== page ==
In this climate of fear and despair, it is a women’s group that has consistently defied the regime to go out on to the streets and protest. Women of Zimbabwe Arise (Woza) was set up three years ago and its founder, businesswoman Jenni Williams, has been arrested countless times and had her life threatened on several occasions.
Despite this there are now an estimated 30,000 members, who are demonstrating for basic rights including access to food, education and healthcare. And so far Woza’s strict creed of non-violence has made it hard for authorities to crack down on it too viciously. “It’s very hard for a policeman to intimidate us when his mum, his sister, or his girlfriend is there as one of us. It’s embarrassing for them,” Ms Williams says. “I’m very proud to be a Zimbabwean woman right now. Why should a woman carry all these burdens and be silent?”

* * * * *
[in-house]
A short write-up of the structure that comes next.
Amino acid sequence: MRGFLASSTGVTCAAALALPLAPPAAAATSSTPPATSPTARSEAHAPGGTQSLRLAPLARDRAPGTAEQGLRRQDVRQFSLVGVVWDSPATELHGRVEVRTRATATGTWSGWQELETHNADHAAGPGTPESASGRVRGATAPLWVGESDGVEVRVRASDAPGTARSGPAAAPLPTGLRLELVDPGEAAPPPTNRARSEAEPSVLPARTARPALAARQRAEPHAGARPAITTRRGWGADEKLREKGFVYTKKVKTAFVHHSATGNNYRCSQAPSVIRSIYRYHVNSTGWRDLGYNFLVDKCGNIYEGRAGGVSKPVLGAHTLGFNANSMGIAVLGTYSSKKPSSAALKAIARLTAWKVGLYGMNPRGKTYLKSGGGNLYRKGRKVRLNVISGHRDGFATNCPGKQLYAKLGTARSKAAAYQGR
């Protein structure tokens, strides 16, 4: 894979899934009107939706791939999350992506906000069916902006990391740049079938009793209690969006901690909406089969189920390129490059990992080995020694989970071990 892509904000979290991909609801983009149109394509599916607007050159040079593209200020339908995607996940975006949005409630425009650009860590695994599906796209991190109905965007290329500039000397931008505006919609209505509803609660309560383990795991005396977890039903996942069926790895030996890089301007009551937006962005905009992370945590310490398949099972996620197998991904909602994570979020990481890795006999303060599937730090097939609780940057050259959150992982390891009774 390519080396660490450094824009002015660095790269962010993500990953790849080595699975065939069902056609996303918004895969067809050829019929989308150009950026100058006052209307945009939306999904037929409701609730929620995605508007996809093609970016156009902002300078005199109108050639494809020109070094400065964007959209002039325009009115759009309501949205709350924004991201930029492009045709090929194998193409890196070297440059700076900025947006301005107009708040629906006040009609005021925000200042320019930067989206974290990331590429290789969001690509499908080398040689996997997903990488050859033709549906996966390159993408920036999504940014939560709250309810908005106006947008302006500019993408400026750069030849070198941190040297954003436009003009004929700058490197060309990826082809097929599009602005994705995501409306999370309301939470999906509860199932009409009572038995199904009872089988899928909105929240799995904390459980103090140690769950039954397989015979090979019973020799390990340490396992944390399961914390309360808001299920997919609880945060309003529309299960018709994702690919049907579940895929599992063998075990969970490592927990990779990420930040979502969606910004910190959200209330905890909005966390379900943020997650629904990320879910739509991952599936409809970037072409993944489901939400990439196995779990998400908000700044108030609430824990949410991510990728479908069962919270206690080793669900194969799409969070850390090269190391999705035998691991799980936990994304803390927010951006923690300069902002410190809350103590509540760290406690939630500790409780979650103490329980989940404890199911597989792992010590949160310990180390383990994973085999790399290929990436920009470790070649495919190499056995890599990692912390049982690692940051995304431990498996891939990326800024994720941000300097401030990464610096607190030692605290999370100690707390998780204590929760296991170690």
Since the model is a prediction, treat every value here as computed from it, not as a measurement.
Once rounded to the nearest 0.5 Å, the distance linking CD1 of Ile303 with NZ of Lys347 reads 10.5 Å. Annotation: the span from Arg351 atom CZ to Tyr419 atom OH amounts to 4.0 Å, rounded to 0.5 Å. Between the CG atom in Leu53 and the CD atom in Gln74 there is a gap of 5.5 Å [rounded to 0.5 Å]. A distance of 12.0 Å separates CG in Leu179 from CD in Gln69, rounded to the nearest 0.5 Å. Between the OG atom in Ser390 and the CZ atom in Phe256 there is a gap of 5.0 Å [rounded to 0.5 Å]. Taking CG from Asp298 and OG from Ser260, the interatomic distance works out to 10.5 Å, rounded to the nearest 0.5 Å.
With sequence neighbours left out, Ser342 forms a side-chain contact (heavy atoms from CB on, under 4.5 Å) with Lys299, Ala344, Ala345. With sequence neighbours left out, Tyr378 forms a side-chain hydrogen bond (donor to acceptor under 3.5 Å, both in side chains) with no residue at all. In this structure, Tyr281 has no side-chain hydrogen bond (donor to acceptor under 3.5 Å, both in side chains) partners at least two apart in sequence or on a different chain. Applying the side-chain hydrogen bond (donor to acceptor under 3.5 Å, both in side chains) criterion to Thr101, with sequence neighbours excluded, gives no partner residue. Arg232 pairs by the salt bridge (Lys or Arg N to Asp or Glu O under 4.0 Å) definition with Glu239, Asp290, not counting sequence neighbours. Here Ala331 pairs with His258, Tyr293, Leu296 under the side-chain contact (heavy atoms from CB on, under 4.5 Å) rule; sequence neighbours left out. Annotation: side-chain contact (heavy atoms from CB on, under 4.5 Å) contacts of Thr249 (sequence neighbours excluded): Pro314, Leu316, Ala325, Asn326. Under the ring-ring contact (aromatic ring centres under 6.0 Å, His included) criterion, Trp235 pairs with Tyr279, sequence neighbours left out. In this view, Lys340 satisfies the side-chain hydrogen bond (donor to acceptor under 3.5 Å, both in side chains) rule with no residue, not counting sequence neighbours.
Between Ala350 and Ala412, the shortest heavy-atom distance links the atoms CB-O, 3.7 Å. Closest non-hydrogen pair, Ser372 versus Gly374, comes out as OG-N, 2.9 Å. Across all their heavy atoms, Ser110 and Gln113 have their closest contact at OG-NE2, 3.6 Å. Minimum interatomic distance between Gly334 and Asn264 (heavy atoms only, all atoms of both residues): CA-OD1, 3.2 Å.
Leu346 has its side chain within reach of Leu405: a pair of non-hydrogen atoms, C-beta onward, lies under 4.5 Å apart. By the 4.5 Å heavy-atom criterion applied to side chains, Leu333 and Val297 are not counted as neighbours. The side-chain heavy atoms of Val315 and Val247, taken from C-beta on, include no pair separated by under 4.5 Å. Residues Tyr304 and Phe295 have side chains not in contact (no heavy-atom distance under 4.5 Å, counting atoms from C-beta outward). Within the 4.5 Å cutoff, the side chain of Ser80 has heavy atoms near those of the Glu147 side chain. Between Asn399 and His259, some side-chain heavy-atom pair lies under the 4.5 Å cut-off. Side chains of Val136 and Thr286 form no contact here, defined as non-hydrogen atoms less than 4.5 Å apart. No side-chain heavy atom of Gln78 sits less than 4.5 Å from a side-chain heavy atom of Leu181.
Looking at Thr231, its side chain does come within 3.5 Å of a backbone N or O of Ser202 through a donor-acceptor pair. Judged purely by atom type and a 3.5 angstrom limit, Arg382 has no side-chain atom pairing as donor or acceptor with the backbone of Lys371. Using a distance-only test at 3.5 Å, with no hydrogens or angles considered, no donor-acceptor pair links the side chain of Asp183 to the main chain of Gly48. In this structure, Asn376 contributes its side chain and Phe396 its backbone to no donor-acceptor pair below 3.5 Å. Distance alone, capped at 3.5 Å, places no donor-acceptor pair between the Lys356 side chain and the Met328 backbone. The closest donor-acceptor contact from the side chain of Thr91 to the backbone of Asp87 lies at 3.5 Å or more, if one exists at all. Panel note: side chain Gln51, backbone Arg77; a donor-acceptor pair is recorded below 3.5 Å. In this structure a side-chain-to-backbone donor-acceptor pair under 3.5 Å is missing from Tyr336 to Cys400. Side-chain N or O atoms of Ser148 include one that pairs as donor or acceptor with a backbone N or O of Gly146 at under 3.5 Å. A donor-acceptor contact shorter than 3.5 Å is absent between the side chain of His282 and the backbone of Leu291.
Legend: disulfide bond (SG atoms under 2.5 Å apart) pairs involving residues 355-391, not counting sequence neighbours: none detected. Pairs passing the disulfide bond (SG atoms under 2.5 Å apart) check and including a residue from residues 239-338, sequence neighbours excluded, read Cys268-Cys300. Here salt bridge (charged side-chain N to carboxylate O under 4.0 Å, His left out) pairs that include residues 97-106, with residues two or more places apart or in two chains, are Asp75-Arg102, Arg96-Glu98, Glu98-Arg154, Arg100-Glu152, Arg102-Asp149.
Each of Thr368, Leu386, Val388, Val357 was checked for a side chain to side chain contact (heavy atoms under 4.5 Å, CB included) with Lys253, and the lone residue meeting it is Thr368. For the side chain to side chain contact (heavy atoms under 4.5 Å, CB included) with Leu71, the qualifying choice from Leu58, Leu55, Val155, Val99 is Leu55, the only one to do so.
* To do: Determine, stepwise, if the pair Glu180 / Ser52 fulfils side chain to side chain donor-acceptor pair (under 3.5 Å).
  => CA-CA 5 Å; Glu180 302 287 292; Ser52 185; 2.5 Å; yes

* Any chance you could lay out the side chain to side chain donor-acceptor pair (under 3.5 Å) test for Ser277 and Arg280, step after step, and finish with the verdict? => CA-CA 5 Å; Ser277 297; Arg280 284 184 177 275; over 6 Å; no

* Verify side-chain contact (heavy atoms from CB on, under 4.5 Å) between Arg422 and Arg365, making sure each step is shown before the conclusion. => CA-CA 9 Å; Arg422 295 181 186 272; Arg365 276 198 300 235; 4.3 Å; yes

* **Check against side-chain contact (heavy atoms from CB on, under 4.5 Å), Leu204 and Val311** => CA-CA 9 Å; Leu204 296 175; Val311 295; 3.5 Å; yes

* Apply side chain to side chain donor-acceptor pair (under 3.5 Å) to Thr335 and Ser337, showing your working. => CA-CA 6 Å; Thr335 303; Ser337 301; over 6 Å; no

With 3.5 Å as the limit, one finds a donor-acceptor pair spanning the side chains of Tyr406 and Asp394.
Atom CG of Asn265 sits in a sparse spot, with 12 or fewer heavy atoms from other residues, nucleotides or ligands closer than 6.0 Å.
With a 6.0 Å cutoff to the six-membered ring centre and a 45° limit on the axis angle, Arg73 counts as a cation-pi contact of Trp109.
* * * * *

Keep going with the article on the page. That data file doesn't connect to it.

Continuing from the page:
Some names have been changed to protect individuals.
4m The amount the population is thought to have fallen since the last census in 2002. Current estimates put it as low as 8 million.
34 Life expectancy for women. It was 65 just over a decade ago. It is much lower than in neighbouring countries: in Zambia, life expectancy for women is 40; in Mozambique, 46; in Botswana, 40; in South Africa, 49.
120/1000 The infant mortality rate. During the 1990s, it was 61/10-00.
7,000 The cost in Zimbabwean dollars of a dose of anti-retroviral drugs to combat Aids.
50% The amount Zimbabwe’s economy has shrunk since 1999.
2000% The rate of inflation in Zimbabwe. In 1980, when the country became independent, the rate was 7 per cent.
73m The size of Zimbabwe’s tobacco output in millions of tonnes. In 2000 it was 734 million.